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“A Gentleman’s Agreement”

By Human Rights Watch  •  August 25, 2016

In theory, we can do it [increase women’s participation in the peace talks]. But in practice it’s difficult. So, we made a “gentleman’s agreement” to wait until later.

—Ethnic Armed Organization representative, Myitkyina, May 2016

Women make up just over half of the population in Burma, but have been noticeably absent from nearly four years of peace negotiations to end armed conflict in the country. Beyond women holding few, if any, senior positions in the parties involved in these negotiations, many women’s groups report being treated with disdain or as “spoilers” for pressing for the inclusion of women’s rights.

Burma has endured a number of prolonged internal armed conflicts since its independence in 1948, with three of the country’s seven ethnic-minority states facing ongoing fighting or tensions. In recent years the fighting in several parts of the country has worsened, with escalating violence in Kachin and Shan States resulting in countless civilian deaths and injuries, and the protracted displacement of over 200,000 people.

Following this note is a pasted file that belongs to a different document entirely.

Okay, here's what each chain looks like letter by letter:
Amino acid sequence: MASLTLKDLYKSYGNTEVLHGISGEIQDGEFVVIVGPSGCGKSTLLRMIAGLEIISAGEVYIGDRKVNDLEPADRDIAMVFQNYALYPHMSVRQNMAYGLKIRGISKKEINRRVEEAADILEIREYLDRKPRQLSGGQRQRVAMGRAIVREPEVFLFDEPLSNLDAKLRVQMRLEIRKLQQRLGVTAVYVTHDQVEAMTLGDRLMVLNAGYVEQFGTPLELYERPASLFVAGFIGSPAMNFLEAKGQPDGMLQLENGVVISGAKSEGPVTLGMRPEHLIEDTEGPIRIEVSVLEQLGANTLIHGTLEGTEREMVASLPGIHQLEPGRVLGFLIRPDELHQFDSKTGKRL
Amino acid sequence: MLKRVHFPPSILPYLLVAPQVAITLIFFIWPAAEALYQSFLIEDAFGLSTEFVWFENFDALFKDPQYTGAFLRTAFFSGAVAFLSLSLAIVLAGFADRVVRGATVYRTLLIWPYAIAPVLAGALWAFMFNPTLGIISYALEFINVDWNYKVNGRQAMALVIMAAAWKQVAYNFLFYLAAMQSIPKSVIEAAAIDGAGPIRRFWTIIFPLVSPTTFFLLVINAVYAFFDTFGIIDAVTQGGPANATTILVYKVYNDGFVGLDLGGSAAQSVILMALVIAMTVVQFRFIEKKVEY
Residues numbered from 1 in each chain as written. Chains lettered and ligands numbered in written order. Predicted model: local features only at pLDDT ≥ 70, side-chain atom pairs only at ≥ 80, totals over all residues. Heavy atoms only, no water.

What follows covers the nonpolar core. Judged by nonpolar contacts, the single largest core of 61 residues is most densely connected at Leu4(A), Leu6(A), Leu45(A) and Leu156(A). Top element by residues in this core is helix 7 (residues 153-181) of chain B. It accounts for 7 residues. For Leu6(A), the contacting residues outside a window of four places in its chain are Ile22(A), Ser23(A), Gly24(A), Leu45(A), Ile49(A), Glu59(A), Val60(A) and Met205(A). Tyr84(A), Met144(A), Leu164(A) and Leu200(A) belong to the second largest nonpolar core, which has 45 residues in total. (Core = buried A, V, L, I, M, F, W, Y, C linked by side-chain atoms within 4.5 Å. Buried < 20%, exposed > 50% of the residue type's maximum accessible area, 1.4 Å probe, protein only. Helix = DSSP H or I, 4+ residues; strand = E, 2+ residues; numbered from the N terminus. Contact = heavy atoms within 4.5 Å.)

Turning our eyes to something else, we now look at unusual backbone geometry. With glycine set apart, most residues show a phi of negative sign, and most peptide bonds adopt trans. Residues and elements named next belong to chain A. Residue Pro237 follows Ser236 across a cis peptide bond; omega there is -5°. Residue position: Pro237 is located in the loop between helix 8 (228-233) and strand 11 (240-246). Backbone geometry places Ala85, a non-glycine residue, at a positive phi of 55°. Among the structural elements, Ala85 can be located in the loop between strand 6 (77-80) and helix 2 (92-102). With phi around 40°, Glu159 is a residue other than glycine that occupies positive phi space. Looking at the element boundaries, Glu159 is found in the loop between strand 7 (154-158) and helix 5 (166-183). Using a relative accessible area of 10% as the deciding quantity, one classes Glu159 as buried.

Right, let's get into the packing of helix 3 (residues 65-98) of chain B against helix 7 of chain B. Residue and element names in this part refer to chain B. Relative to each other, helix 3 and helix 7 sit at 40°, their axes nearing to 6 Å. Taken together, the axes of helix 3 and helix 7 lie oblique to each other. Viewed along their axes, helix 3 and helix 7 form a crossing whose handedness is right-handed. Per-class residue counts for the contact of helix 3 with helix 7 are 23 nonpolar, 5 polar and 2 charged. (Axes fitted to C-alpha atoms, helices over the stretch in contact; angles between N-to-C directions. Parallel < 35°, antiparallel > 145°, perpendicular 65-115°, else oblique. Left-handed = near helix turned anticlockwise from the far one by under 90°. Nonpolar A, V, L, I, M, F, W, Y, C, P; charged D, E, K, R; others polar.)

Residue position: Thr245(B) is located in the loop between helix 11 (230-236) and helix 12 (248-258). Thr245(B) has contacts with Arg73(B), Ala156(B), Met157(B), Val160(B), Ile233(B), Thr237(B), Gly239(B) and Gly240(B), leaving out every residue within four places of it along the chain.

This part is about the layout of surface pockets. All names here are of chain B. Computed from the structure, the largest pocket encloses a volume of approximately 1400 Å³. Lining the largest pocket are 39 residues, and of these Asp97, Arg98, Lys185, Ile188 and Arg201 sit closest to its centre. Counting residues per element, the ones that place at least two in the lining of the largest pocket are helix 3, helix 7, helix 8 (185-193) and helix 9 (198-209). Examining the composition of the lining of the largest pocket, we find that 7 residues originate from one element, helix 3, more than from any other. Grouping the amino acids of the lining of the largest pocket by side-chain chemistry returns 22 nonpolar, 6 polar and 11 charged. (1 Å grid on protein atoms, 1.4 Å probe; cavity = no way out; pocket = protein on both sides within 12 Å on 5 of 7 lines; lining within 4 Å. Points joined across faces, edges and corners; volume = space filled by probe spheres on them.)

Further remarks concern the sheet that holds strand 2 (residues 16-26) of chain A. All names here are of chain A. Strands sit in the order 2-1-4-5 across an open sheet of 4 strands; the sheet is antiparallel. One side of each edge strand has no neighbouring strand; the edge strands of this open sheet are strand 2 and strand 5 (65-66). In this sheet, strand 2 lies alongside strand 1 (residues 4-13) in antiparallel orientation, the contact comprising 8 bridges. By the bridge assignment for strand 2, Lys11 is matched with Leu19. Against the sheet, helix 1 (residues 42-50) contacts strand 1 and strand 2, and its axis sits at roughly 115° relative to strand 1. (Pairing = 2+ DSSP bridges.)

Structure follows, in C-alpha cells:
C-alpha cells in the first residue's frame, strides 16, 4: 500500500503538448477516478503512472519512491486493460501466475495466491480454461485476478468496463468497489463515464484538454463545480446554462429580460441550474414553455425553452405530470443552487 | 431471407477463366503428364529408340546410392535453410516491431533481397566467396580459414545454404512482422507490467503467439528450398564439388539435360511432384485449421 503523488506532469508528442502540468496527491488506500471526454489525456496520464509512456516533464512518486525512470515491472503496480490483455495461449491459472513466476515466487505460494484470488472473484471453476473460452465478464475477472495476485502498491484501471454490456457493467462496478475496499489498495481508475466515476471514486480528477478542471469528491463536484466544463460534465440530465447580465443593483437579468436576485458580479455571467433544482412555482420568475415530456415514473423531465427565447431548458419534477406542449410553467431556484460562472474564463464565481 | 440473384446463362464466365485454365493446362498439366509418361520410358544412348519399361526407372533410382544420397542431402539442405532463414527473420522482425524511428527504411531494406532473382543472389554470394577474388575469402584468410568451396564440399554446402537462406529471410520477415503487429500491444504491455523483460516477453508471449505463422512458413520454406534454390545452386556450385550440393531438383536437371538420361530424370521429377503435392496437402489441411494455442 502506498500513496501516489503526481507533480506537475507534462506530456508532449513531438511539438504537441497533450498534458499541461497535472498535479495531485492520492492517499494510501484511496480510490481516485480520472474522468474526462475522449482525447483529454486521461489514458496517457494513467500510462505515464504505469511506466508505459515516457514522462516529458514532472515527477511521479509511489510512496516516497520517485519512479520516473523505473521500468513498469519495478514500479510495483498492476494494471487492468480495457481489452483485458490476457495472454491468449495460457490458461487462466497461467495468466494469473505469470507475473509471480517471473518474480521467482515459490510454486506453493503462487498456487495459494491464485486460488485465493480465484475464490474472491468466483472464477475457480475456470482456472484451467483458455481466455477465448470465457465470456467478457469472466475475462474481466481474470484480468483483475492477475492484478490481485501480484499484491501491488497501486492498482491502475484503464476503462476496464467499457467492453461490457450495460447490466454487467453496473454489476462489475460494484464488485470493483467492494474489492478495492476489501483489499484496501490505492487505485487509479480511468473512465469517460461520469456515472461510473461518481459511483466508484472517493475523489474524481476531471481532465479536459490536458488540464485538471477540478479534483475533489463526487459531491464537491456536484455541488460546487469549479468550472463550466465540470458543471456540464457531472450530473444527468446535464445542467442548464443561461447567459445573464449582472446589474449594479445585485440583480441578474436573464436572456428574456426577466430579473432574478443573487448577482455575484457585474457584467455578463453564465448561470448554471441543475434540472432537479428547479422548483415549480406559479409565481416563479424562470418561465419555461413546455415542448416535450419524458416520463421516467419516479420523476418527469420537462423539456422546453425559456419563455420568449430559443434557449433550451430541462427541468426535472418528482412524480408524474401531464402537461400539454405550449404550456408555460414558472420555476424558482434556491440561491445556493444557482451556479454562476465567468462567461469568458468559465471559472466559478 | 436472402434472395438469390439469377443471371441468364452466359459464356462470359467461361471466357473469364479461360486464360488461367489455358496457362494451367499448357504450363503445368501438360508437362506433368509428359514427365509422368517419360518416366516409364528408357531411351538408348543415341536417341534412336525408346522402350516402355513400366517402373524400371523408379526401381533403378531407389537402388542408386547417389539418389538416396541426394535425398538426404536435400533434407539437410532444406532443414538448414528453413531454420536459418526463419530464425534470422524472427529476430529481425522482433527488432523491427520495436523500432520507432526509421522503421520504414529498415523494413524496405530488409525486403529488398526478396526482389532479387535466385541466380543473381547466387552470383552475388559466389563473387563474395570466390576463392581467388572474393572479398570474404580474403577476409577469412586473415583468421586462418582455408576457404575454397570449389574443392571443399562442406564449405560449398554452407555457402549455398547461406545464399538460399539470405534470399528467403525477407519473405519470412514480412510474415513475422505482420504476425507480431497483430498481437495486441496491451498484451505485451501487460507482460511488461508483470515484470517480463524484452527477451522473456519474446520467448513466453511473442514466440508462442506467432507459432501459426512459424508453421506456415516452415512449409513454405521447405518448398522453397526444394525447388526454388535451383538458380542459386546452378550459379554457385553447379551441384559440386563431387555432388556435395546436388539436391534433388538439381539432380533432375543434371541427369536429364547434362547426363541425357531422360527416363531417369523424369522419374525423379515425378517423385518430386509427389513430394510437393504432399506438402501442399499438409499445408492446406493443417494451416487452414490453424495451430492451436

Over the years, negotiations between the government and ethnic armed groups have resulted in a number of ceasefire agreements. In October 2015 a partial nationwide ceasefire was concluded with eight non-state armed groups, while many others still maintained bilateral ceasefires, some over 20 years old.[1] But these agreements have so far not ended the violence nor created the conditions necessary for displaced people and refugees to return home.

Read this full commentary here: https://www.hrw.org/news/2016/08/25/gentlemans-agreement

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This post is in: Children and Youth, Displacement, Drugs, Economy, Ethnic Nationalities, Health, Human Rights, Law, Military Regime, Women

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